What a perfectly dark and rainy day here in Los Angeles. Perfect for my moodiness, my anxiety to accomplish much in the New Year, and for the bowl of warmth sitting in front of me.
So first of all, Happy New Year! I truly hope anyone reading this enjoyed a happy and healthy 2015. It came, it went, and now it’s time to move forward. The first work week of the year seems to be dragging, along the three-foot-deep flooding stream down Laurel Canyon near our home. Dragging toward lofty yet attainable goals, a restructure of commitments and desires.
What is it about a new year that gets everyone up and running a few days a week? What is it other than just, in this year’s case, a Thursday come Friday? Even Oprah, the Oprah, is finally joining the Weight Watchers team (granted she also bought 10% of the company) with her tag “if not now, when?”
And I kind of love it.
More easily said than done, but to me, we should always feel pushed toward greatness, toward our goals, our dreams. I know it sounds stereotypical (even hokey), but when did I somehow forget to listen to the dreams I have at night, or truly acknowledge the ambitions and wonderment of ideas that come to me regularly? Maybe it was having kids, or listening to other people’s opinions before my own, or even a complete fear of success. Of course now, all that matters is this very day. I can worry about tomorrow, tomorrow.
Don’t get me wrong, I’m a planner. All I do is plan. Plan the family schedule with school and playdates and classes, plan parties, plan what to feed four people at least five times a week, plan our social life, plan our vacations (if we can ever take one), plan how to get my career up and running again.
Plan. Plan. Plan.
I remember in my early twenties all I had to worry about was me and my dog, and getting to work on time. And that was enough. And it was great. I was broke but happy. I was happy but very curious. I was curious but afraid. Afraid, but not too scared to try.
So dammit, 2016 is the year of pretending I’m still that 22-year-old, who thought she would be Taylor Swift by now. Of course, at this point, I’d much rather be Sia. Or more suitable, Nigella Lawson. So that’s my plan.
What’s your plan? Float down Laurel Canyon or run up Runyon Canyon?
I’ve been thinking on this post since New Year’s day. And like some of you, I’m swearing off bad food and drink, welcoming health and wealth into my circle of energy… committed to it. I must gloat, last night I have never slept better. Maybe that’s because after watching episodes 5-7 of the insanely riveting Making a Murderer, I’m feeling blessed to not be Steven Avery.
But that’s besides an enormous point.
But seriously, I won’t go pointing fingers on how you should embrace your new year. Just sharing my personal goals. And feeling damn lucky with what I do have, not focused on what I don’t. Sure, I’m not on a yacht floating in the French West Indies, but I’m not under a cardboard box either.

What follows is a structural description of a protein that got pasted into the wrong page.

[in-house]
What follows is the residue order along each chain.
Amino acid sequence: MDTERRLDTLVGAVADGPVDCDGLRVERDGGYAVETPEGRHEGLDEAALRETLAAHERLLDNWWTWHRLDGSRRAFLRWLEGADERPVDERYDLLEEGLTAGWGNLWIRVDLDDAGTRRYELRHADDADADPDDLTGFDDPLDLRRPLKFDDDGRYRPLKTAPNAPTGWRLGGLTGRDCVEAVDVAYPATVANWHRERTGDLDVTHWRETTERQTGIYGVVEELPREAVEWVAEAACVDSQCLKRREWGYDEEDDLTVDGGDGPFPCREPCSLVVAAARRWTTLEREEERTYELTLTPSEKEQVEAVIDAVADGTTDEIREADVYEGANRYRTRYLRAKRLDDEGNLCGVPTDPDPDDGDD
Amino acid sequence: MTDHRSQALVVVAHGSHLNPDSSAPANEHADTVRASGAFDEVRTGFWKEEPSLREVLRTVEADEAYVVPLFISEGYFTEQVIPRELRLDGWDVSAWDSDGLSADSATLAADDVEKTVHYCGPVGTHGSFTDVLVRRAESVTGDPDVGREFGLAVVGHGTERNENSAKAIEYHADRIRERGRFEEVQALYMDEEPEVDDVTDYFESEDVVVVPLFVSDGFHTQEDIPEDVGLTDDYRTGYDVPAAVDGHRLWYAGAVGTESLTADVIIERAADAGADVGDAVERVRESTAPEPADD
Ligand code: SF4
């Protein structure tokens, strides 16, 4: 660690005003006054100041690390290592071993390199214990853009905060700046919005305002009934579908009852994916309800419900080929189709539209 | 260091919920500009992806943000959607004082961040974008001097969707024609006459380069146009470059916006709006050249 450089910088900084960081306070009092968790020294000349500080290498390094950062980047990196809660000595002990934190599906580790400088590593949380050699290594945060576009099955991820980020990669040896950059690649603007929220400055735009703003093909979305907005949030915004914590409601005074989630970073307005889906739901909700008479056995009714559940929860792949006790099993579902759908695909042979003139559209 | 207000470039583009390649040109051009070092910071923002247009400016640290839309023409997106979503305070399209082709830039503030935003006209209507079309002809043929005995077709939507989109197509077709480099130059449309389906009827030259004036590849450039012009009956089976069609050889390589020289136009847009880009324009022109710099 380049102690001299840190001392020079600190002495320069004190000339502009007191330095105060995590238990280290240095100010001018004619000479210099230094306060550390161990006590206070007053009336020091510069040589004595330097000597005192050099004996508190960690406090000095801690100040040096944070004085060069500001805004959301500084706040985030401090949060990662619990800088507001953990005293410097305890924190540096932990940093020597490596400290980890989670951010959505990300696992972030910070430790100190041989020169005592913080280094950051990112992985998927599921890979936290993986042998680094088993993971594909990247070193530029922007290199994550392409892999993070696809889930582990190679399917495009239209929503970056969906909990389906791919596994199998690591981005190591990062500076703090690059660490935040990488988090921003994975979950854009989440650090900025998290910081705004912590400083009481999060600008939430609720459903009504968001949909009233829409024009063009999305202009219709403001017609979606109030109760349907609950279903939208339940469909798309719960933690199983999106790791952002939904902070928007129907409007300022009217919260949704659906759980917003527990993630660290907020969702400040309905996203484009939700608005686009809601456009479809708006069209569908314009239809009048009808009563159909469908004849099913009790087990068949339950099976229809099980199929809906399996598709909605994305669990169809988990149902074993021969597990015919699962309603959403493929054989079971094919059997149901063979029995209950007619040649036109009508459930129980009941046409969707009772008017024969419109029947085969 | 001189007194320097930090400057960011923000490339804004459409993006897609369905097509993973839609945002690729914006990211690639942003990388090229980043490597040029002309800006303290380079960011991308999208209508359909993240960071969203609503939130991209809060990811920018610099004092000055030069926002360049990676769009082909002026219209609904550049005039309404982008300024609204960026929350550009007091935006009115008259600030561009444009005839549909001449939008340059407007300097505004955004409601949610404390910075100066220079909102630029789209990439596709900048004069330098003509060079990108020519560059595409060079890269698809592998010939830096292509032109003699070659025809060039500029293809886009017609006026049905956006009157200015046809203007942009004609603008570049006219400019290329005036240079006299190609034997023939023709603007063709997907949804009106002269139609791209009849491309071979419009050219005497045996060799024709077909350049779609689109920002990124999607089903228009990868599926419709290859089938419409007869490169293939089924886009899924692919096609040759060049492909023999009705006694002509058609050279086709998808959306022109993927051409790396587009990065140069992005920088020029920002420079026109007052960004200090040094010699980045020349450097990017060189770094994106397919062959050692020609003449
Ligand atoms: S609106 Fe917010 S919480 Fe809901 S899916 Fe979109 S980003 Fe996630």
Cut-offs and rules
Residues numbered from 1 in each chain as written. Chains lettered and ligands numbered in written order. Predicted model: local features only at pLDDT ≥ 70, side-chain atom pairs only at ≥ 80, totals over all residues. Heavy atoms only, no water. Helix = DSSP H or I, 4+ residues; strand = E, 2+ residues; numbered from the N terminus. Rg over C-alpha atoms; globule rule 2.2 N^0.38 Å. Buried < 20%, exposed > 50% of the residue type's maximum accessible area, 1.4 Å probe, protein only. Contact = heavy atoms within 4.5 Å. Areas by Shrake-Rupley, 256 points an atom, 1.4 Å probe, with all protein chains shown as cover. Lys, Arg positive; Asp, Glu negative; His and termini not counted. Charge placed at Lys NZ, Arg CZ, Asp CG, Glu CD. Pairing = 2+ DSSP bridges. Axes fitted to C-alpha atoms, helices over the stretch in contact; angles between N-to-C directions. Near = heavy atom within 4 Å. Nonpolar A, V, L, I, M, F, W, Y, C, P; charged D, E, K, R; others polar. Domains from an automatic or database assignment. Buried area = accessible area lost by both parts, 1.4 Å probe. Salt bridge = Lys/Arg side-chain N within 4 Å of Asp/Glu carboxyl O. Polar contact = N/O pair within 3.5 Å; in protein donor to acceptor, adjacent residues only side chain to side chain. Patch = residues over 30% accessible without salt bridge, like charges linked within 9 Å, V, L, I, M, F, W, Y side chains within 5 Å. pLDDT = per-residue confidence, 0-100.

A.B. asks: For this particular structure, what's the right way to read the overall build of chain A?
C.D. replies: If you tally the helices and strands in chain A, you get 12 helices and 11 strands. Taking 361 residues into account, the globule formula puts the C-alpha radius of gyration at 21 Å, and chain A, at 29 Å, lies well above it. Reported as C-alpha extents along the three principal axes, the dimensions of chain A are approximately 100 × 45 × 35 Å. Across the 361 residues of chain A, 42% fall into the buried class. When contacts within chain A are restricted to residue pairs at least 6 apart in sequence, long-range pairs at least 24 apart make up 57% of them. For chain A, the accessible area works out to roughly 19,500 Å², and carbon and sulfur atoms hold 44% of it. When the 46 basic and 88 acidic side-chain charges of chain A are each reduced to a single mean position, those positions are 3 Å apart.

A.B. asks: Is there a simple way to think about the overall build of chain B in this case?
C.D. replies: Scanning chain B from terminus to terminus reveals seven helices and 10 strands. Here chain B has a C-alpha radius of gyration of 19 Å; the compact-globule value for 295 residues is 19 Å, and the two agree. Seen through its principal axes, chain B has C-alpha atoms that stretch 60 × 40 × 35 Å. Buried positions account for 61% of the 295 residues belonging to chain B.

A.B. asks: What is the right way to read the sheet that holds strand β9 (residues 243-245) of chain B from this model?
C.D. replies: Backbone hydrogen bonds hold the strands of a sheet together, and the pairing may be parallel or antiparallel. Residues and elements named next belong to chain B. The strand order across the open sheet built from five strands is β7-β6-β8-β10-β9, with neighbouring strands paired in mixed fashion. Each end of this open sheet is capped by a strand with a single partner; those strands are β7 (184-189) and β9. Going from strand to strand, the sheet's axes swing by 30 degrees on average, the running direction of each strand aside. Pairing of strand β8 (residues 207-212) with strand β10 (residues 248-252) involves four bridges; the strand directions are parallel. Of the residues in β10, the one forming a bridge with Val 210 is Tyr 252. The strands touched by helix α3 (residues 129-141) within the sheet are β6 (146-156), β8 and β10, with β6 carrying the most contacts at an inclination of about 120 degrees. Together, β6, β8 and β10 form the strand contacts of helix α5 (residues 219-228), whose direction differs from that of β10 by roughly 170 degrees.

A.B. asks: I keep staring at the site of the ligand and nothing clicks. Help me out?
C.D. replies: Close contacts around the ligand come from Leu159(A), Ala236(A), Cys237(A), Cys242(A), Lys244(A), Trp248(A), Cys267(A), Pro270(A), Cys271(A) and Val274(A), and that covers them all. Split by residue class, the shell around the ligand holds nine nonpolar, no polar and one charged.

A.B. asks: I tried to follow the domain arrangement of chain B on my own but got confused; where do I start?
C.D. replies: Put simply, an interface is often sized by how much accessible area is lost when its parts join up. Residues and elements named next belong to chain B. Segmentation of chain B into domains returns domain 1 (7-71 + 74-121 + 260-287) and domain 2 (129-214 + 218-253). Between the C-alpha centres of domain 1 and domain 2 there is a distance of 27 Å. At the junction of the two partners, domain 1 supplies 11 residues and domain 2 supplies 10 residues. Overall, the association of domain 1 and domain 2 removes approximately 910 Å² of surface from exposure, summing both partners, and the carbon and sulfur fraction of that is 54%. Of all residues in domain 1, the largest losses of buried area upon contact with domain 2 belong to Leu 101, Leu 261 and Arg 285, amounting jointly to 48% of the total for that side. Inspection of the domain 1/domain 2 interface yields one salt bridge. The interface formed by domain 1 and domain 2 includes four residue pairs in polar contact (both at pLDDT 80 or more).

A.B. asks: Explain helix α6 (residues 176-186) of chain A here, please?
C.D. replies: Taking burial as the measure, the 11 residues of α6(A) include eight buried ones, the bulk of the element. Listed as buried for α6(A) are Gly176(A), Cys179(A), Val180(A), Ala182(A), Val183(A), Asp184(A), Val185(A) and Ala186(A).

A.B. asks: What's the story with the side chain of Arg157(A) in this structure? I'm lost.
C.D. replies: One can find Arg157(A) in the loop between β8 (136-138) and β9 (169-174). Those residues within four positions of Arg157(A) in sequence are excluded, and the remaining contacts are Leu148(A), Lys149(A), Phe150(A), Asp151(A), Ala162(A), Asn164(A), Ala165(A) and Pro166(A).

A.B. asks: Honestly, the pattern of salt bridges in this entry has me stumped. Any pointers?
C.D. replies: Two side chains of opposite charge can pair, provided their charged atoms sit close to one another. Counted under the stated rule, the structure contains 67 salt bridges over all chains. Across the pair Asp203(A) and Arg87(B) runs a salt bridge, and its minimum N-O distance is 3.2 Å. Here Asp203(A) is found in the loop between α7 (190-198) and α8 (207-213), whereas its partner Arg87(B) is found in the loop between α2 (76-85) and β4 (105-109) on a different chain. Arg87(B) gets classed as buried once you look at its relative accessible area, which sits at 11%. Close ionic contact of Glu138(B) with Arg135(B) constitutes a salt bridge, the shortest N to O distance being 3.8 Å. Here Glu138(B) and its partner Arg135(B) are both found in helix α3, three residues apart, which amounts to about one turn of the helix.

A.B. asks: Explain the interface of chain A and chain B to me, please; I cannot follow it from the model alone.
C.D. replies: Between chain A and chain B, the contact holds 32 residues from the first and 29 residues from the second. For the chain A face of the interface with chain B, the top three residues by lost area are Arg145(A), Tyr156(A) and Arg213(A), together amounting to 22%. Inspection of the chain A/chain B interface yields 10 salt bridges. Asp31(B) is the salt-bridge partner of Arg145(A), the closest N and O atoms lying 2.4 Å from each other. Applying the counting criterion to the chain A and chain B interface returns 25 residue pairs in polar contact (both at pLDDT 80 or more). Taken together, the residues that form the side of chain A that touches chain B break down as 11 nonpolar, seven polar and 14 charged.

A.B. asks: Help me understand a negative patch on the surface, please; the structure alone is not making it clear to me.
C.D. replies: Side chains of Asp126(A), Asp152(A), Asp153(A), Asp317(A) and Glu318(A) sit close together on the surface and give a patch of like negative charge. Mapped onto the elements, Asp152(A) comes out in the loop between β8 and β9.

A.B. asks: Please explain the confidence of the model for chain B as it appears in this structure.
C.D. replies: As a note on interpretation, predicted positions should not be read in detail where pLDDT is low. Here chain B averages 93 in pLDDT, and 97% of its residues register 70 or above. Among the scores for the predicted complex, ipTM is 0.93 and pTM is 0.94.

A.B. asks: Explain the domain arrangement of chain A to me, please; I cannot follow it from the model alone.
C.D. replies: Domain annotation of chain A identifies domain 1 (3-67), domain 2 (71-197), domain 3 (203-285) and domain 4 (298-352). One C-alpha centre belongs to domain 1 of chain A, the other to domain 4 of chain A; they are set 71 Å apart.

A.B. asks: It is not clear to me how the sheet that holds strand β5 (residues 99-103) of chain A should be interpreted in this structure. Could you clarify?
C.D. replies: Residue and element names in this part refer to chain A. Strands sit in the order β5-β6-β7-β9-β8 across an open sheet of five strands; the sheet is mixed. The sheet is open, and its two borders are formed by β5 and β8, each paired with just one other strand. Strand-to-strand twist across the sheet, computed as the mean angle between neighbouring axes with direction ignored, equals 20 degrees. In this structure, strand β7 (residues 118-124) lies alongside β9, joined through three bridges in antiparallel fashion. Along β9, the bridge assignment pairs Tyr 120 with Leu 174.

White Bean and Ham Soup
adapted from Simply Recipes
1 lb of white beans—Cannellini or Great Northern—about 2 cups
2-3 (I used 2 1/2) quarts of water
2-3 lbs of smoked ham hocks or shanks
2 teaspoons Herbes de Provence – or a nice dash each of dried oregano, parsley, marjoram, thyme, rosemary, and sage
1 Tbsp olive oil
1 cup of diced onions
1 cup chopped celery
1 cup chopped carrots
2-3 cloves garlic, minced
Make the ham broth while the beans are soaking. Put the ham shanks or hocks in a separate large pot and cover them with 2 quarts of water (I actually added 2 1/2 quarts of water or 10 cups). Add the Herbes de Provence or other herb mixture. Heat on high until the water comes to a simmer, then lower the heat, partially cover and maintain the simmer for about an hour.
Heat olive oil in a small sauté pan on medium high heat. Add the chopped onions and cook until translucent, about 5 to 6 minutes. Add the minced garlic and cook a minute more. I actually add the carrots and celery in this step as well, and cook all four ingredients together, but you can choose to add the carrots and celery to the broth along with the beans.
Once the ham shanks or hocks have been simmering for an hour, add the drained soaked beans, the onions, garlic, celery and carrots. Cook for another 40 minutes or so, uncovered, until the vegetables are soft and the ham meat easily pulls away from the bone. Remove the ham bones from the soup and pull off any meat and return it to the soup. Discard the bones.
In this case, I actually had tons of extra ham on the bone before making the broth, so I removed it first and chopped into small cubes. I then added that chopped ham when I added the beans and vegetables. Your call… but my version turned out perfectly.
Add several drops of Tabasco. Add pepper to taste. This soup never needs salt!
Serve with a nice large pinch of chopped fresh parsley.